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|Authors:||Marzia Varutti: Graduate Institute of International and Development Studies, (IHEID), Geneva, Switzerland|
|Publication title:||Representing and ‘Consuming’ the Chinese Other at the British Museum|
|Conference:||National museums in a global world. NaMu III; Department of culture studies and oriental languages; University of Oslo; Norway; 19–21 November 2007|
|Publication type:||Abstract and Fulltext|
|Abstract:||In this paper; I propose to analyse the way in which the British Museum perceives; interprets and addresses cultural diversity. As a case study; I consider the museum representation of the Chinese ‘Other’. Building on an analysis of the Chinese permanent gallery as well as of the temporary exhibition “The First Emperor: China’s Terracotta Army”; I set to investigate how the Museum portrays China and Chinese culture. What is exhibited and what is omitted? How is the image of China constructed? What forces – political; economic; social or other – contributed to shape it? Through these questions; I aim at pondering how the representation of China in the British Museum articulates with the expectations of its multi-cultural and increasingly globalized public.|
The colonial past is often a key factor in the museum representation of other cultures; and as such it has legitimately been at the core of the reflection on museums’ approaches to alterity. However; I want to argue that the analysis should not be confined to colonialist or post-colonialist historical perspectives; but remain open to include contemporary socio-political and economic factors. The British Museum case study suggests that the economy of travel; the evolution of consumer tastes and demands; renewed opportunities for commercial exchange and business enterprise; an important Chinese community in London and the UK; and global scale media events such as the upcoming 2008 Olympic Games (hosted by China); are all factors that affect museums and museum representations; to the extent that they impact on audiences; on their tastes; interests and expectations. It is of crucial importance to acknowledge that museums are becoming increasingly receptive vis-à-vis such patterns of change; all the more if of global scale.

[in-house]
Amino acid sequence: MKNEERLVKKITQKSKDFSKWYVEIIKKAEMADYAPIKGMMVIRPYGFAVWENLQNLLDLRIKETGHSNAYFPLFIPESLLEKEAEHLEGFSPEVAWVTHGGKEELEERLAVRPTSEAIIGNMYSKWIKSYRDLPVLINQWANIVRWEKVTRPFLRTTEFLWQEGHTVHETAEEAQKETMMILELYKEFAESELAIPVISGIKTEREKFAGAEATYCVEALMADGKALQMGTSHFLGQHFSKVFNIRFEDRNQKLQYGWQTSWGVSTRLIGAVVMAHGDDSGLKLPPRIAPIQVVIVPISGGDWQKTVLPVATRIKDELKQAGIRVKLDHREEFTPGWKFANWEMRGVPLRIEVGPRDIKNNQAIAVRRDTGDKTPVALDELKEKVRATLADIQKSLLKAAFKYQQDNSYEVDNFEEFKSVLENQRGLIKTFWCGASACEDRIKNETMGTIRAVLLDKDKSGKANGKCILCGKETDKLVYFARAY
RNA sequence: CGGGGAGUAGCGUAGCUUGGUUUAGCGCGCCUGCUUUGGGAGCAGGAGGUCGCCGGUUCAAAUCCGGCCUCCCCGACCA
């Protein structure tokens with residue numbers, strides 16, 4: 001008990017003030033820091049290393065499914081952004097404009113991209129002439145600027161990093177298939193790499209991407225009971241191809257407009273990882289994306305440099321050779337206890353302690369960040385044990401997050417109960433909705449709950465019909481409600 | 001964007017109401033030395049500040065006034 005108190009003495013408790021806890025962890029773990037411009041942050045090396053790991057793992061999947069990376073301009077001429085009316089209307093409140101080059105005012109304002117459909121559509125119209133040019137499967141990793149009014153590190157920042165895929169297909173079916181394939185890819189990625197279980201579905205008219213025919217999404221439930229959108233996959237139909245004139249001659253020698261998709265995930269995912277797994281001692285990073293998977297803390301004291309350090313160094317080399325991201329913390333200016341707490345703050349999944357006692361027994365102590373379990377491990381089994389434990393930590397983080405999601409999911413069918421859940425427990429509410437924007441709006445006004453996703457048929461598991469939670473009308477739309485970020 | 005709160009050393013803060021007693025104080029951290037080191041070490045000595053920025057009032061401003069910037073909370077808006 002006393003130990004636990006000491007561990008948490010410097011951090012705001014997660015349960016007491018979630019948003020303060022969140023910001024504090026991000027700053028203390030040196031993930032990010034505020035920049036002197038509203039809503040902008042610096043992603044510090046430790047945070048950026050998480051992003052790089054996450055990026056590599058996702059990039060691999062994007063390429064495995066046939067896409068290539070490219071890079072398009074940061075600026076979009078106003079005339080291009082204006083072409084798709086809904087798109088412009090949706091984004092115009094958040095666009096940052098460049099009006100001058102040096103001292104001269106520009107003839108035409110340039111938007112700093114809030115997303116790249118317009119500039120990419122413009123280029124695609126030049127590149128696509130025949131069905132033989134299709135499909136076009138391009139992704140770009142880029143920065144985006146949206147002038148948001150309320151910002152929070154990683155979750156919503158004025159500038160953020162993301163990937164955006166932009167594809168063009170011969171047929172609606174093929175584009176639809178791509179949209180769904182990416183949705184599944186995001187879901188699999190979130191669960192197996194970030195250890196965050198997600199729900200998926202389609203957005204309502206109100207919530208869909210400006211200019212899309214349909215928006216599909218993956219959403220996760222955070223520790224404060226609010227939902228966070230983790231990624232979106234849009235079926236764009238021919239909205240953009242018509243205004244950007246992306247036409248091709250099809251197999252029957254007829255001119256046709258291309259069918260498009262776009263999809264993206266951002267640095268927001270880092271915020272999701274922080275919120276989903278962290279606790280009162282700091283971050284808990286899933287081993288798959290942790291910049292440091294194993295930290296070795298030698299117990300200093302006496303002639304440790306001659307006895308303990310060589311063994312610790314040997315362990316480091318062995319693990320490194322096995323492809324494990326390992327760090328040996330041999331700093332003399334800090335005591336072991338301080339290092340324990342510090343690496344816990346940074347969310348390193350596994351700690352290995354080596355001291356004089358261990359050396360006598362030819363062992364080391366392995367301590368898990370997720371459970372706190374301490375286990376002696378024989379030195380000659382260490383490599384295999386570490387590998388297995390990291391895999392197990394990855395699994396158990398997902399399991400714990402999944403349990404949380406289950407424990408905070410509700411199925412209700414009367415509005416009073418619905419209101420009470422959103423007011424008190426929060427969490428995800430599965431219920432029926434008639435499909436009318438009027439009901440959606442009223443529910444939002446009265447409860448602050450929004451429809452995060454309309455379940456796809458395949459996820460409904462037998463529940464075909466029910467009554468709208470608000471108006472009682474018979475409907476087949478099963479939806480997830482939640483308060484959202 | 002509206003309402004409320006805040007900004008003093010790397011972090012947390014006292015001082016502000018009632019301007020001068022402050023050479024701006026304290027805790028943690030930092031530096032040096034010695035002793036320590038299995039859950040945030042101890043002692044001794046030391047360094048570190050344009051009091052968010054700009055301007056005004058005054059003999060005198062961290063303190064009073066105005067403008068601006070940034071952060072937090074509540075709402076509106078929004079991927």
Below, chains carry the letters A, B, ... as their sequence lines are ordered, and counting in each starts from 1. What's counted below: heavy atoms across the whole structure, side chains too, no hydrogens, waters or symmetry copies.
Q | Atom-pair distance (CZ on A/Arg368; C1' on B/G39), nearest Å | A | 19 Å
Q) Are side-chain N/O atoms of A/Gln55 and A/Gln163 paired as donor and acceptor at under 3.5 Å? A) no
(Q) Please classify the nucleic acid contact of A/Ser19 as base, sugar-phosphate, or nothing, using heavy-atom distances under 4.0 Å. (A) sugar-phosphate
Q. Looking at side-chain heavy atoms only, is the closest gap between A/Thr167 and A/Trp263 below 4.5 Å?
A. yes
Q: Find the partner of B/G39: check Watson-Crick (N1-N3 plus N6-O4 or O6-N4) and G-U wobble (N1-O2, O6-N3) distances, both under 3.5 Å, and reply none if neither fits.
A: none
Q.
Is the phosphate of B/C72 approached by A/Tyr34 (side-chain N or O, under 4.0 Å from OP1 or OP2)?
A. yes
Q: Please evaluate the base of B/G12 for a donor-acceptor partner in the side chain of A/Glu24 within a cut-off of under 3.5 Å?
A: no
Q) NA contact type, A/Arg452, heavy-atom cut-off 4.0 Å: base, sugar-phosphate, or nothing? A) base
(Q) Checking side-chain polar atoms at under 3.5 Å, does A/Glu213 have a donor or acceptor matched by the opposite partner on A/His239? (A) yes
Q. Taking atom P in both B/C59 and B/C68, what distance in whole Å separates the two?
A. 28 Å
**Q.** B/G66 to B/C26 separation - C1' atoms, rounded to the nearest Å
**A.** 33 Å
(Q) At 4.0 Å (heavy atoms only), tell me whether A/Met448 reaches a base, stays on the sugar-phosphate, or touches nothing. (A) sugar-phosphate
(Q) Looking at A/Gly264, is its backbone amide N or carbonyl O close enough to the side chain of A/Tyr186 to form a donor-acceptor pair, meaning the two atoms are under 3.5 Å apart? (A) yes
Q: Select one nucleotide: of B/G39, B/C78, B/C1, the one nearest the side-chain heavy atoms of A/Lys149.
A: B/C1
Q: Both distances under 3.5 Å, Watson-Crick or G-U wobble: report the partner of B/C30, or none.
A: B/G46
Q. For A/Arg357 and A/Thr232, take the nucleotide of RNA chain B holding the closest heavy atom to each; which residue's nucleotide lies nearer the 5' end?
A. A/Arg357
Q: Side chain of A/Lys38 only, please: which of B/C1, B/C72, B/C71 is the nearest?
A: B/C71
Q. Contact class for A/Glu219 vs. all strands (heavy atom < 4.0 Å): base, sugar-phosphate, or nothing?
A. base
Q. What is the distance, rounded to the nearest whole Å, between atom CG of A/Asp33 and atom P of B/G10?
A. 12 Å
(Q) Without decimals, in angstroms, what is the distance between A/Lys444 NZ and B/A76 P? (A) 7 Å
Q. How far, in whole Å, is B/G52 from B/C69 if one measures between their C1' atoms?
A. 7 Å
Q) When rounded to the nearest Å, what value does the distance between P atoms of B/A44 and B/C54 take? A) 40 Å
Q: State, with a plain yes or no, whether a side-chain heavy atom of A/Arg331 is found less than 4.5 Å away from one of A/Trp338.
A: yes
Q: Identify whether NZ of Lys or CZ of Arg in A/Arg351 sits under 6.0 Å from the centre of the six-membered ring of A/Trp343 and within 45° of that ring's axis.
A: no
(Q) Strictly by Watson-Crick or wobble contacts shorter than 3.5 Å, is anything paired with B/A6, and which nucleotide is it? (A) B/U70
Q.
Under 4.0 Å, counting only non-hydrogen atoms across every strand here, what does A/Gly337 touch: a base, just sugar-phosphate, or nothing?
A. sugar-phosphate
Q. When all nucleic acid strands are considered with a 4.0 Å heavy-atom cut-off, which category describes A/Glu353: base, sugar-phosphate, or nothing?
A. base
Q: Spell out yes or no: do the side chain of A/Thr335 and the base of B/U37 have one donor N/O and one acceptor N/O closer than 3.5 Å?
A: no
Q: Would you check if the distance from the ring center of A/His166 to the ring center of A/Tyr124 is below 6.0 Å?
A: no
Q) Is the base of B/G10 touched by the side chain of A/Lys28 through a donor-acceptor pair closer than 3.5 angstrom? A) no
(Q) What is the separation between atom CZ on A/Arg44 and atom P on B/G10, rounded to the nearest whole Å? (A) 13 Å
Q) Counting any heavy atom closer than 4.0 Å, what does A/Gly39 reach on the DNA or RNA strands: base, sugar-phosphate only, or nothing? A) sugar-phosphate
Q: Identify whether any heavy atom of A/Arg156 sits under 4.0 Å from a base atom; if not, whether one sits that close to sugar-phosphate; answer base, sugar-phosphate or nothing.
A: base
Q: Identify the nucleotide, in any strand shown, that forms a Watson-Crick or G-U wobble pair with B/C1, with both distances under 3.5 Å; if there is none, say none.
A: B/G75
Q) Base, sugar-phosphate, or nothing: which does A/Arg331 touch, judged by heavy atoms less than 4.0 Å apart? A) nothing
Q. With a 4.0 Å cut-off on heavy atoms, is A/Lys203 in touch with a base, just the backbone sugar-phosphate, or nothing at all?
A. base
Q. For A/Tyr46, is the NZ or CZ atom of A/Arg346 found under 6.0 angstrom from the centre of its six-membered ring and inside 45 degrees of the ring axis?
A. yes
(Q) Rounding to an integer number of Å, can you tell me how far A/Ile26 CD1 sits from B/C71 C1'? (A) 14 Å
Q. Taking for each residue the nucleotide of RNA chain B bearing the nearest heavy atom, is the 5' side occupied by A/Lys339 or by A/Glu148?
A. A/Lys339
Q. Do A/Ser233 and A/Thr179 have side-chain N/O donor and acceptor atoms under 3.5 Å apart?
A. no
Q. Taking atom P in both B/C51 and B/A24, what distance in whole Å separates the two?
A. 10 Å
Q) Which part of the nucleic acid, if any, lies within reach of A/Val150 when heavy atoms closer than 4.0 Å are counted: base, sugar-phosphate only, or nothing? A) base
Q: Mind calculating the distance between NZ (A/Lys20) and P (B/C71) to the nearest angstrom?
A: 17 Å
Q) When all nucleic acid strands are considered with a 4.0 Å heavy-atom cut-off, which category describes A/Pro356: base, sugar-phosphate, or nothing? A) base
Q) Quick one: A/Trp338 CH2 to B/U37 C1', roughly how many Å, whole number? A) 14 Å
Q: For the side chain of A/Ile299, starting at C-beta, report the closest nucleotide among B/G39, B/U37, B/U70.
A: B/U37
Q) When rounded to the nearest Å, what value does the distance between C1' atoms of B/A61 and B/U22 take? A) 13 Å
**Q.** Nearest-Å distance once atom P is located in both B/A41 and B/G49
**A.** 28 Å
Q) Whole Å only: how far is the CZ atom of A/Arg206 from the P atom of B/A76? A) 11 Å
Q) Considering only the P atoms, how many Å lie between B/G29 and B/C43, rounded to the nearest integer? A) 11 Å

Methodologically; the arguments put forward in this paper rest on an analysis of the museological choices underlying the displays in the Chinese permanent gallery and the temporary exhibition “The First Emperor: China’s Terracotta Army” aimed at disentangling the narrative lines underlying the exhibitions.
Through this analysis I wish to suggest that the museum representation of the Chinese ‘Other’ at the British Museum rests on two different; though complementary; narrative lines. On the one hand; in the permanent gallery; the Museum is carrying on its ‘traditional’ function as a public education institution. On the other; in temporary exhibition; the Museum is responding to the demand for cultural consumption of its increasingly consumption-oriented audiences.
|No. of pages:||11|
|Series:||Linköping Electronic Conference Proceedings|
|Publisher:||Linköping University Electronic Press; Linköpings universitet|
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